Should I have trusted George the first time? I probably should have. But now I do not have any problems recommending George and the Paducah Financial Consultants to anyone. A good friend- ship has been established and the return on our selected investment areas has exceeded some of our initial established goals.
If you have questions about your investment options, consider giving George and the Paducah Financial Consultants a try. I think you’ll be very pleased.
Oh, I want to leave you with this famous quote: “It’s not timing the market, but time in the market that should be considered.”
Guess who told me that one?
George Shaw Tells HIS Side of the Story
OH, SO HE WAS TESTING ME I SEE! Actually, that’s not a bad idea. When it comes to placing your financial assets with someone
you don’t personally know, it’s always a good idea to make sure that the person with whom you’re entrusting your future financial viability is someone you have no reservations about whatsoever.
There are many types and styles of financial advisers. With that in mind, you should take the time (as Paul did) to choose your financial adviser as carefully as you would a family doctor or a lawyer.
Investing your life savings involves trust—trust in the manage- ment of companies you invest in and trust in the people who advise you and handle your funds. However, trust should never take the place of careful research and healthy skepticism. As Paul suggests, don’t make your choice of financial adviser lightly or without due diligence.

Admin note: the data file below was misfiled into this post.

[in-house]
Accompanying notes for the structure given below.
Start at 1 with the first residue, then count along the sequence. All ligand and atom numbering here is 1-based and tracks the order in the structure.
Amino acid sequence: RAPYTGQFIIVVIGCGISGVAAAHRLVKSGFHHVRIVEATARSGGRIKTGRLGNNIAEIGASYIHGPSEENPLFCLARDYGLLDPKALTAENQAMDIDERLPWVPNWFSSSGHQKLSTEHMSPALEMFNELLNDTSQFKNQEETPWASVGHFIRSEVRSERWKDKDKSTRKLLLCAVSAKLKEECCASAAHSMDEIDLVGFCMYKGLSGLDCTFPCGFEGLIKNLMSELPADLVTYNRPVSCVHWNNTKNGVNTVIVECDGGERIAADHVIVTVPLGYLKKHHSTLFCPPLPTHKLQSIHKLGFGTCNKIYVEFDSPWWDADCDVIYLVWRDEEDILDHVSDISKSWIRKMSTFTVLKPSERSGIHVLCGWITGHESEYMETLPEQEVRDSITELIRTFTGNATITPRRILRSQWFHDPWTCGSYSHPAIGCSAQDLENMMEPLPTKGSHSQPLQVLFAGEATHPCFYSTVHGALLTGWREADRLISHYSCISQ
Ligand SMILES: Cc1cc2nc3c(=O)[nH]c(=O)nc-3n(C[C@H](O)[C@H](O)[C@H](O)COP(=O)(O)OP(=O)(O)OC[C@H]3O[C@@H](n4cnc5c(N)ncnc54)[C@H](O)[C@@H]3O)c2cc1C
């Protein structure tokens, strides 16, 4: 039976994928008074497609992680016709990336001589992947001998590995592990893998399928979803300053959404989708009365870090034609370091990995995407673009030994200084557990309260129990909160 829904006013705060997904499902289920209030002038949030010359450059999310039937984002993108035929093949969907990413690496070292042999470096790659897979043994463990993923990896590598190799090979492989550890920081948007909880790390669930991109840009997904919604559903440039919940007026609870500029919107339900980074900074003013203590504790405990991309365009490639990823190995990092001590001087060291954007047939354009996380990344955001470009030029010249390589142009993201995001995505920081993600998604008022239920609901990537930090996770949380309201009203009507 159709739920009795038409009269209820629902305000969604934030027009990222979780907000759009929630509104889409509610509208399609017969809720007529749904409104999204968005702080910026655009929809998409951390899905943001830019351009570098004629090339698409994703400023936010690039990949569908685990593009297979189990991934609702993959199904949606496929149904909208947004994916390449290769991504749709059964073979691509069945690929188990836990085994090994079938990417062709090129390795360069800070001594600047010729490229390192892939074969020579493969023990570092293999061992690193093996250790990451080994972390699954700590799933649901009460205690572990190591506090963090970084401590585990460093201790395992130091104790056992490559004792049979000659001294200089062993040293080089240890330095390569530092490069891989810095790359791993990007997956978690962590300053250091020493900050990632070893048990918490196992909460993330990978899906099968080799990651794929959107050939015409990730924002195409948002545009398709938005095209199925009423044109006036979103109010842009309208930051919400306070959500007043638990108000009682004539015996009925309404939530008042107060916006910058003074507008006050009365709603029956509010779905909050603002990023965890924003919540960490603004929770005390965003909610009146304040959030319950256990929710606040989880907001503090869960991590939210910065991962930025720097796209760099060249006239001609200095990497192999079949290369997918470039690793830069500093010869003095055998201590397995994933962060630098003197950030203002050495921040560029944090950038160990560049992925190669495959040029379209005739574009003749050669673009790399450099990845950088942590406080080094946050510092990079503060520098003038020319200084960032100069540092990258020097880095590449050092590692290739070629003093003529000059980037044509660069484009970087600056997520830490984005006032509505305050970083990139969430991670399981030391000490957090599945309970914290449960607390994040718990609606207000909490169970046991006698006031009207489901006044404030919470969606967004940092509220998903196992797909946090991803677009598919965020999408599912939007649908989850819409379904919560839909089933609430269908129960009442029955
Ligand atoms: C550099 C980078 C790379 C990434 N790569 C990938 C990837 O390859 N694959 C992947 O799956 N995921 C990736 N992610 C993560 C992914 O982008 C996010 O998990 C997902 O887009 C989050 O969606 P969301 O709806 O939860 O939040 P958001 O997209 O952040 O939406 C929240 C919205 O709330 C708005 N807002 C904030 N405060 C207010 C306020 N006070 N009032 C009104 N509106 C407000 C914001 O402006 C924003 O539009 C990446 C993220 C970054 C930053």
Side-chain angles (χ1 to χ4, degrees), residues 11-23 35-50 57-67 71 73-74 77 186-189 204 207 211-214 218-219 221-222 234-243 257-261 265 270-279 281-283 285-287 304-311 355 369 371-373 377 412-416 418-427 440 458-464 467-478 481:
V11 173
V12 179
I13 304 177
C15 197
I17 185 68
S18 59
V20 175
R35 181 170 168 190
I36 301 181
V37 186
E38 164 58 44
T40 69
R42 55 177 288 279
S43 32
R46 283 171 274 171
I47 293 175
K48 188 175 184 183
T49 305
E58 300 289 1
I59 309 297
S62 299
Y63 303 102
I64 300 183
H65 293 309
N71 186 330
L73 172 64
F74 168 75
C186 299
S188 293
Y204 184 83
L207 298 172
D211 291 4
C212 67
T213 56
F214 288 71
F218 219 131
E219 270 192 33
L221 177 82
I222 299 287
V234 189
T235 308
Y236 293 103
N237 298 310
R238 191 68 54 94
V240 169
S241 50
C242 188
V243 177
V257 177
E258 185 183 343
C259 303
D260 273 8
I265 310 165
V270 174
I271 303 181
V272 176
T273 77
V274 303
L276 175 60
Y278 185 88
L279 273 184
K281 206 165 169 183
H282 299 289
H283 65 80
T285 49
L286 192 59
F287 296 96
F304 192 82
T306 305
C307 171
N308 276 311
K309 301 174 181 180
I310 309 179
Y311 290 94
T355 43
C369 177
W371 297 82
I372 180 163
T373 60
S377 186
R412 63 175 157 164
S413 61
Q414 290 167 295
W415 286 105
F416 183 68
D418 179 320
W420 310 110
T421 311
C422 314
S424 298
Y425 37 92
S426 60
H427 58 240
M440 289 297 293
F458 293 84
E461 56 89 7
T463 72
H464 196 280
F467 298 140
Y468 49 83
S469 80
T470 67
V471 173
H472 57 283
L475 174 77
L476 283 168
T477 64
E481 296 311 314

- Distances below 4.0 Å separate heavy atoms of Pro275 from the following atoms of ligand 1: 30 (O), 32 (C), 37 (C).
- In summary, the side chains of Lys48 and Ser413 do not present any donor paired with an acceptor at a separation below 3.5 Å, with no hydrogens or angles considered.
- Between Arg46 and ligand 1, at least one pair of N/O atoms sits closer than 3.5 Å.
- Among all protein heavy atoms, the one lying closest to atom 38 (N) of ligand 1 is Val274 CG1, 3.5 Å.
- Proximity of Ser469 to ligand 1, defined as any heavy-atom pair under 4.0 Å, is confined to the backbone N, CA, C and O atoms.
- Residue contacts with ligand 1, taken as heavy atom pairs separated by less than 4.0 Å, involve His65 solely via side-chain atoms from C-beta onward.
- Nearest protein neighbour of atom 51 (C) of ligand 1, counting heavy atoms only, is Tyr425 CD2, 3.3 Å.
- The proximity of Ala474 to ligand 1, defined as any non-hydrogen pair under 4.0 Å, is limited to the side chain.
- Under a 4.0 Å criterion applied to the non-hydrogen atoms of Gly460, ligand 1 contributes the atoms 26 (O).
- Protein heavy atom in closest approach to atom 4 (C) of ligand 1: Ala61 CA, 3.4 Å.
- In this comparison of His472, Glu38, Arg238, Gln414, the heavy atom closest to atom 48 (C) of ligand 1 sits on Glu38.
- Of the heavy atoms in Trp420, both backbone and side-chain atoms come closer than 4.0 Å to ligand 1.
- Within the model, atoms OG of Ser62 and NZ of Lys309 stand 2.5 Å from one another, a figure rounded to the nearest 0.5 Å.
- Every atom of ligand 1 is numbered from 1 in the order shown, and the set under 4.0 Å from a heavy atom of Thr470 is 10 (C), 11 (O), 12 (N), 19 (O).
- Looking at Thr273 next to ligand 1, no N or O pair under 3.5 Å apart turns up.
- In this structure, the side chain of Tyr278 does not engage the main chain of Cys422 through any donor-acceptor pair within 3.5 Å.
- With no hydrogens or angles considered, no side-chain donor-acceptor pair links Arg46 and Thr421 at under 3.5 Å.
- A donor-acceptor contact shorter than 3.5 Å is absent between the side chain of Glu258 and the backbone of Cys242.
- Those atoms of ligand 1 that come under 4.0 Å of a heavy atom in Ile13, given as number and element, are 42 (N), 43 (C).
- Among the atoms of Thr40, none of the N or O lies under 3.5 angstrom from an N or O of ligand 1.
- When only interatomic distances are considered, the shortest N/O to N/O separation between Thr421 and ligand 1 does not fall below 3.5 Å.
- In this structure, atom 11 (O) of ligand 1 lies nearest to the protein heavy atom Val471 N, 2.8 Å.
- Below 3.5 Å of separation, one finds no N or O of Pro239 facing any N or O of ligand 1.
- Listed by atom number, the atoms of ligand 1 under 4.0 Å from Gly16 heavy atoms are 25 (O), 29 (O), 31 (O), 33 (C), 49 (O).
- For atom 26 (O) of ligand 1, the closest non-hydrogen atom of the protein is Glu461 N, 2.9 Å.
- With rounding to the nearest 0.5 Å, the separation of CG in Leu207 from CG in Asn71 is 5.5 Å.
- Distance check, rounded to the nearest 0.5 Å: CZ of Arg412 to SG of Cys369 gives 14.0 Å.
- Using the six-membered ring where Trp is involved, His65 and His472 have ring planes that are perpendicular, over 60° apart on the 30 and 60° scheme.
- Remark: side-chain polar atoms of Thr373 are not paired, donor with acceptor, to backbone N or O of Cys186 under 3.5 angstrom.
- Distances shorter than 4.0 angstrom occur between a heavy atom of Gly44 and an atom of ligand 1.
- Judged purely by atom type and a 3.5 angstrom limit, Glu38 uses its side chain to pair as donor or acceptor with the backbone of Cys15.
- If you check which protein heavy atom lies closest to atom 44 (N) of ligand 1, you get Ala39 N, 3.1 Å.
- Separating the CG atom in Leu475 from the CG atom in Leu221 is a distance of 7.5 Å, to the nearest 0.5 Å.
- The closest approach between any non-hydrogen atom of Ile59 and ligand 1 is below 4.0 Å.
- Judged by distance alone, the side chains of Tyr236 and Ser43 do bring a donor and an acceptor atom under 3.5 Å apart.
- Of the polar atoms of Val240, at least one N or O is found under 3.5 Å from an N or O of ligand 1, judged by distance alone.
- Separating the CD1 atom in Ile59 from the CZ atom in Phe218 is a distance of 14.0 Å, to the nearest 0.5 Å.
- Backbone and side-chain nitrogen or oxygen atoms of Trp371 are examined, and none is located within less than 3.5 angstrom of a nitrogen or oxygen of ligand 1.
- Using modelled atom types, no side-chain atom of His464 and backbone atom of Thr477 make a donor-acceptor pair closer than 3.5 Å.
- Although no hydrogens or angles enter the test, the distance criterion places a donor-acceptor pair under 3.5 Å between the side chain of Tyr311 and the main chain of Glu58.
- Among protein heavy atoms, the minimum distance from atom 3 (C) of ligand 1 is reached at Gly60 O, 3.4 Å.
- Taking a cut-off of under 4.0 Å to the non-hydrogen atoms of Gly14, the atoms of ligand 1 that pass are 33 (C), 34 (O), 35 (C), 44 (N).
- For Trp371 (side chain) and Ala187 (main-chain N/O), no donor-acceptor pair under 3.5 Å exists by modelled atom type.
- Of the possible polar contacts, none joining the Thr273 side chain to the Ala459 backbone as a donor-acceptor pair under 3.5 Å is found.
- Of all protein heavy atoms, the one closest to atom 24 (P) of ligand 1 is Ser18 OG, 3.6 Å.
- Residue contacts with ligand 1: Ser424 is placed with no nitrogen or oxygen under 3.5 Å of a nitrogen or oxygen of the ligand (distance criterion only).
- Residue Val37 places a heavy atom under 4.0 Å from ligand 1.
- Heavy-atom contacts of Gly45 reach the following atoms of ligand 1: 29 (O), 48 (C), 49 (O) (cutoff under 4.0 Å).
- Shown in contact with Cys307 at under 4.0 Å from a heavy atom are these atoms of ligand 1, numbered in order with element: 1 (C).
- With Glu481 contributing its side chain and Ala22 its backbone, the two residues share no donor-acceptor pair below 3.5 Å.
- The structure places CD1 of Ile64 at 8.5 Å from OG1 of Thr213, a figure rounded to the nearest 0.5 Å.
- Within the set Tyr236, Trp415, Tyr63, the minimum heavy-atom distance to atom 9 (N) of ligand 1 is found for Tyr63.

How to begin? First decide what kind of investment services you need: are you a knowledgeable investor who plans to do
your own research and make your own decisions? If so, you may want someone to simply execute trades for you. Are you looking for someone who can provide investment advice, make recommendations on securities and also execute trades for you? Then you want your consultant to provide more in-depth services to assist you with your portfolio.
What questions do you ask? The following are a few good ones to consider:
• What services do you offer, and what are your areas of specialization?
• What do you charge for your services?
• Based on my needs and tolerance for risk, how do you plan to invest my money?
• How often do you evaluate your client’s financial portfolio?
• How often do you meet with your clients?
• How do you keep on top of market trends and swings?
These are good start-up questions to ask of your chosen financial adviser. This will give you a good fundamental view of the person you’ll be working with. It will also give financial advisers, like me, good information as well. It’s important that both the portfolio manager and the client clearly define the investment plan and the process of reaching the established goals.
Paul is an engineer, which means he is very detailed. He likes to dot the Is and cross the Ts. And he certainly wants to communicate on a regular basis. This was obvious to me as we conversed during the first series of meetings. I knew quickly what Paul expected of me, and I was happy to accommodate his plan of action. Just as every person is unique, so is every person’s financial plan. We’re well on our way to setting up a plan of asset management that fits Paul’s needs and goals.
If you’d like to talk about your investment portfolio, give me a call at 270.575.6636.
And remember, “It’s not timing the market, but time in the mar- ket that should be considered.”
Paul’s a good listener!